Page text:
The Will of the People

I was watching an interview by [shudder] Glenn Beck in a post at Belgravia Dispatch, and the interviewee — Michael Rubin of the American Enterprise Institute — spouts a line similar to a lot of the happy-talk that led up to the Iraq war. Speaking about Iran, he cites an incident where a dormitory was attacked by the government and a week of rioting ensued. Despite the Iranian government being able to control that outbreak of violence, his take on it was “Eventually it’s going to spin out of control.”

According to Rubin, Iranian people aren’t “in tune” with the government, they listen to stuff the government doesn’t like, there’s grafitti for 50 Cent on the walls, etc. The people are like a fresh date, ready to be plucked from the hands of the mullahs.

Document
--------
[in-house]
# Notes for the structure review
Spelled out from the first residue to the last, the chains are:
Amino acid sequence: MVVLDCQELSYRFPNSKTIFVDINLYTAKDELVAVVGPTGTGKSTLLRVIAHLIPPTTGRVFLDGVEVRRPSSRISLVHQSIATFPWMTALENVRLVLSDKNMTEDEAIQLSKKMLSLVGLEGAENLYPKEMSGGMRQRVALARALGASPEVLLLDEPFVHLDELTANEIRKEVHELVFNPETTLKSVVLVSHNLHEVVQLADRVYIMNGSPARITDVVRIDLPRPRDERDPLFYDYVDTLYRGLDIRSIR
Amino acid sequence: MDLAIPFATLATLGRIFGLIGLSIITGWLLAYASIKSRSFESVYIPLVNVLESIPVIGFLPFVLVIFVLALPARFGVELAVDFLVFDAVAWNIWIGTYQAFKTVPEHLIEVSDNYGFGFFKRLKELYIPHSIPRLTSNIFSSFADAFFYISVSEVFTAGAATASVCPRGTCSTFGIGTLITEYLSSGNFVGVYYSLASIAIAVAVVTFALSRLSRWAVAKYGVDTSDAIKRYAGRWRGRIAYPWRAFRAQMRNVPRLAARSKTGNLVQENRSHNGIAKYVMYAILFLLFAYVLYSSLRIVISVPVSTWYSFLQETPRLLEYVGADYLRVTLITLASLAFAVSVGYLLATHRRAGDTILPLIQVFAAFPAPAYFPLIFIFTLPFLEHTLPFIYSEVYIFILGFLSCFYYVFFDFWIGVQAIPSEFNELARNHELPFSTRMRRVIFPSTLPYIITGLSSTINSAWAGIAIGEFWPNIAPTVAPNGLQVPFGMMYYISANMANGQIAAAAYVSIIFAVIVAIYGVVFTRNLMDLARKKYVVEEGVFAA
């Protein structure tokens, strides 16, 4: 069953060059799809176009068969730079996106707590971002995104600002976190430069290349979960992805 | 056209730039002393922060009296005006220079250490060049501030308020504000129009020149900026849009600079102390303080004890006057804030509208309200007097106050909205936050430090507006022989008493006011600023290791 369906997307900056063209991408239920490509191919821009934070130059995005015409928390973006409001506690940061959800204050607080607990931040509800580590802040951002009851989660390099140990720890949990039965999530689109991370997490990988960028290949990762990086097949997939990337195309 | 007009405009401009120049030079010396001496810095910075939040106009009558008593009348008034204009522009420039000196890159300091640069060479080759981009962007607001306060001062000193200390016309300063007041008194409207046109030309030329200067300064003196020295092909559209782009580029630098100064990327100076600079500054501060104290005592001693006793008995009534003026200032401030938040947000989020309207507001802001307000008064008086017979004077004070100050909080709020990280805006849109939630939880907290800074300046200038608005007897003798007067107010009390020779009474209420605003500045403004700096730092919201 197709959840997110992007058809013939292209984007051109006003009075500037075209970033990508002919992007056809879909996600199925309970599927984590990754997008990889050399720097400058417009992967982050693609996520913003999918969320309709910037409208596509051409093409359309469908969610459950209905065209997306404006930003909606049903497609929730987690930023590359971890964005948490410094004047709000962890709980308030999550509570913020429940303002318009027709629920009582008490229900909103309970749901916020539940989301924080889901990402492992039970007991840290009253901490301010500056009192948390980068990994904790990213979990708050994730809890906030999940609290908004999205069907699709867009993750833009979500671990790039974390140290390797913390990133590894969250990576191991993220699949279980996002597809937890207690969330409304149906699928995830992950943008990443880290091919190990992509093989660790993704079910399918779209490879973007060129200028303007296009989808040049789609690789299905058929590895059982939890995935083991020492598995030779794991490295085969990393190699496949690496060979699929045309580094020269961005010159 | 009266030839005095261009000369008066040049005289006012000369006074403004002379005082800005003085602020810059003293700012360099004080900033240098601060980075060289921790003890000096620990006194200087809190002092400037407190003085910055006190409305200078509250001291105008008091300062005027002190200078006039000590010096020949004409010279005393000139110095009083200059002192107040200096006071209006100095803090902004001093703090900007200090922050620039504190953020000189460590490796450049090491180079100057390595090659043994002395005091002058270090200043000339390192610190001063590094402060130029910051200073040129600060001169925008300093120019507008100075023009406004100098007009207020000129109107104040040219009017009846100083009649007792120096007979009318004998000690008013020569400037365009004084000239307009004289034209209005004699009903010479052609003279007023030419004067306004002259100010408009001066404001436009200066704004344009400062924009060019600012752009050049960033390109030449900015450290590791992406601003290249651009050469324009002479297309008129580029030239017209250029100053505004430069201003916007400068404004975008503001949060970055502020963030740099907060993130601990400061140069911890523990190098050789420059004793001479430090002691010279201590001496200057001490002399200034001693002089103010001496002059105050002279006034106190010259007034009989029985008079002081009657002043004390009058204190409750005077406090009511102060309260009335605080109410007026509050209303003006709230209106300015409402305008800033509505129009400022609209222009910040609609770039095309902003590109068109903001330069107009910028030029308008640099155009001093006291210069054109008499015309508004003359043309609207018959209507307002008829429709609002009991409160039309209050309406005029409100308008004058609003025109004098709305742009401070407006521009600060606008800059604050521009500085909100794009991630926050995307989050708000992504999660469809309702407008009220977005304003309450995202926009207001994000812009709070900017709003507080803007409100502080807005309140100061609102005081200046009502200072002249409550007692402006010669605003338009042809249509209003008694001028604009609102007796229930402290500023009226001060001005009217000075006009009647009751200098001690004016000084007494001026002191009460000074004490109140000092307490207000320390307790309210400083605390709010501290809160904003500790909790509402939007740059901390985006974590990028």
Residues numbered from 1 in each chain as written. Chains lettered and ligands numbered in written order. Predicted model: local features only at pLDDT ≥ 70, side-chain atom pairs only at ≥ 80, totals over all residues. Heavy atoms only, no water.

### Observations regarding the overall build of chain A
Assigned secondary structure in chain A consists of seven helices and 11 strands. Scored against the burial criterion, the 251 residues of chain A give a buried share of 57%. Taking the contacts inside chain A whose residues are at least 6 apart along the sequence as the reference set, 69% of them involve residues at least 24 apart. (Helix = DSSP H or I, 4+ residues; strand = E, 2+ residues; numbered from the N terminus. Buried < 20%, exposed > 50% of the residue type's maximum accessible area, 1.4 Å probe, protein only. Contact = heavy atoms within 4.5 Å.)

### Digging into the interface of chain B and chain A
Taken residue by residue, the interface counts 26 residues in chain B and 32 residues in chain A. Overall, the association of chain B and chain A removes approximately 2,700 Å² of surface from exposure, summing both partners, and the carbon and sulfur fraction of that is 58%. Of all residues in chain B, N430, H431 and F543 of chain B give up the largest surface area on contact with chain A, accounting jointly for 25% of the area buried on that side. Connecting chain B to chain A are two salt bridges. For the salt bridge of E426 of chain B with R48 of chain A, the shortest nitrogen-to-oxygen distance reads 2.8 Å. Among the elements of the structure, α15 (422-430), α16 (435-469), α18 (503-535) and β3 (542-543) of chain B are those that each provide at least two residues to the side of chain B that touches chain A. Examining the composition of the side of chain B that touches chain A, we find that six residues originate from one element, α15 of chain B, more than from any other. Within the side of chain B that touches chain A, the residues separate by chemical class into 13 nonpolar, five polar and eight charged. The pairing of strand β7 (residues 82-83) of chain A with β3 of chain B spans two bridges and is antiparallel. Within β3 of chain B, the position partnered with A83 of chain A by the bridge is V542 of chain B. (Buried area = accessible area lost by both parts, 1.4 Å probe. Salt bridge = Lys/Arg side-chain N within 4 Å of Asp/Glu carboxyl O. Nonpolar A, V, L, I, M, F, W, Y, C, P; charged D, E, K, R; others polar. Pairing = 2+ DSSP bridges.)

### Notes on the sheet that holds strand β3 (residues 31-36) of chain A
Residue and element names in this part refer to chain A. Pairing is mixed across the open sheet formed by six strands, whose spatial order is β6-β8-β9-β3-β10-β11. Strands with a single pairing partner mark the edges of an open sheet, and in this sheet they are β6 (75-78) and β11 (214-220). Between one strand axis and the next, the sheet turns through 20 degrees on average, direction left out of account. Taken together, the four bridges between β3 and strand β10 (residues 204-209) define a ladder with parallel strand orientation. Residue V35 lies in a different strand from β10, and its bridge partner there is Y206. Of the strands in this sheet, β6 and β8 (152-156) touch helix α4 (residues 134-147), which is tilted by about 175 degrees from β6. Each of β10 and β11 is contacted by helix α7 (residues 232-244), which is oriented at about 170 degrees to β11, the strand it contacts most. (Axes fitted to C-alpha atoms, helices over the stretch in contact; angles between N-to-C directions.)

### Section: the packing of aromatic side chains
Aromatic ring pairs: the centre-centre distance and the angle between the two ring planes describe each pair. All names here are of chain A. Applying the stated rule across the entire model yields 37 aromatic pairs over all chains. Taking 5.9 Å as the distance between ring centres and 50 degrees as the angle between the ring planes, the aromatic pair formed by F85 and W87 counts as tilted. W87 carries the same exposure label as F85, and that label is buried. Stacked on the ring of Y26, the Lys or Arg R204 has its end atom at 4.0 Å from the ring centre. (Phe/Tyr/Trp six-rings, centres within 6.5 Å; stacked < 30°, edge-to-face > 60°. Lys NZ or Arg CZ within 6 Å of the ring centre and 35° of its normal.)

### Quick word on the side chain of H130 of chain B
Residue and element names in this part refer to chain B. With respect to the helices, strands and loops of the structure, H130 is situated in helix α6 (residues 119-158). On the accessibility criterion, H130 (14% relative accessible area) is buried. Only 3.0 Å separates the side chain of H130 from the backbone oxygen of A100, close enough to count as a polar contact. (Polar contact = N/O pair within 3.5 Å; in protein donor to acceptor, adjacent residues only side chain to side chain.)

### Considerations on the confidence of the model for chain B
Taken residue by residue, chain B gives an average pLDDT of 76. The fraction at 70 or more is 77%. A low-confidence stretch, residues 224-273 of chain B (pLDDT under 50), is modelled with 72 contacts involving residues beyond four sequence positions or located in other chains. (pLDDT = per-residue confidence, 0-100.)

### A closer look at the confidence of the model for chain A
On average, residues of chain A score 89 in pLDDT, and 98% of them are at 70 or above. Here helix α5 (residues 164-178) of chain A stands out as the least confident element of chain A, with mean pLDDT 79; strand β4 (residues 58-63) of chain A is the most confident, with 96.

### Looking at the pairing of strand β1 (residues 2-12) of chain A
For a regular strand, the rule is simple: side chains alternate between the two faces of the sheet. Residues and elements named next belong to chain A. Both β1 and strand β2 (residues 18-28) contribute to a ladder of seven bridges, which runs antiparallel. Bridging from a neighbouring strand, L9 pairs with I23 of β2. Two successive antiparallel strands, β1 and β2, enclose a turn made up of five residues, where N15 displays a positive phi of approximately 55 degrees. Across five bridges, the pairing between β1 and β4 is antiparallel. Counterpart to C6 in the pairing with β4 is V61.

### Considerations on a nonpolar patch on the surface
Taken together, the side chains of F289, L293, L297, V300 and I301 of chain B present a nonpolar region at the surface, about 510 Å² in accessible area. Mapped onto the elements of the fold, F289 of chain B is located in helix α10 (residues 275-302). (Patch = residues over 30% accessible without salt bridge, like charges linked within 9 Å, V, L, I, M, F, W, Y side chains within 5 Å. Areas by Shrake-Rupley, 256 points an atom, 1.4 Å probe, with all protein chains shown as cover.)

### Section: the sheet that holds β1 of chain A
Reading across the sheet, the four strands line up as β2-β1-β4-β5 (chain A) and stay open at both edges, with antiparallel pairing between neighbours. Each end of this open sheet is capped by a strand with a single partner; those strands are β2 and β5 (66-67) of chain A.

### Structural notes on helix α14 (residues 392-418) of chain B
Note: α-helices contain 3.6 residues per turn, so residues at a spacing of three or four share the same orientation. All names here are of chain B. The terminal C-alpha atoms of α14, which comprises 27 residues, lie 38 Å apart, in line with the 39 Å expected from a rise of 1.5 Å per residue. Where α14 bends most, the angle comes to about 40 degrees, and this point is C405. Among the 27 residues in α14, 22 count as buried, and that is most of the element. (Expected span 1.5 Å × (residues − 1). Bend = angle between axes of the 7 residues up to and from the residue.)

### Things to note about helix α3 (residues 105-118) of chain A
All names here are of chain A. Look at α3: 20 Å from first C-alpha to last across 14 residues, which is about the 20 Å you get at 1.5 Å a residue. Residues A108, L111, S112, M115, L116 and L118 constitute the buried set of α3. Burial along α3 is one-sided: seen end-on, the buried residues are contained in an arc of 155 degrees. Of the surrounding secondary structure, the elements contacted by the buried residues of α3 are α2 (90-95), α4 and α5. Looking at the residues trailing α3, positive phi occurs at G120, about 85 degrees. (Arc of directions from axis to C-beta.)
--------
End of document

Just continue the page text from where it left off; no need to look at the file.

I’d like to direct Mr. Rubin to some histories of the US in the 1960s. After the assassination of Martin Luther King, there were riots in scores of cities across the country: Chicago, Denver, Baltimore. There were days of riots in Chicago outside the Democratic convention. For nearly a decade after the Watts riots of 1965, there were riots, massive demonstrations, and other forms of civil disobedience related to racial relations and the Vietnam War. But the US government didn’t fall. The hippies and the African-Americans didn’t take over.

Forty years later, they still haven’t. Which is maybe something people like Rubin should keep in mind the next time he gets all gooey about the people rising up. Because sometimes it doesn’t work.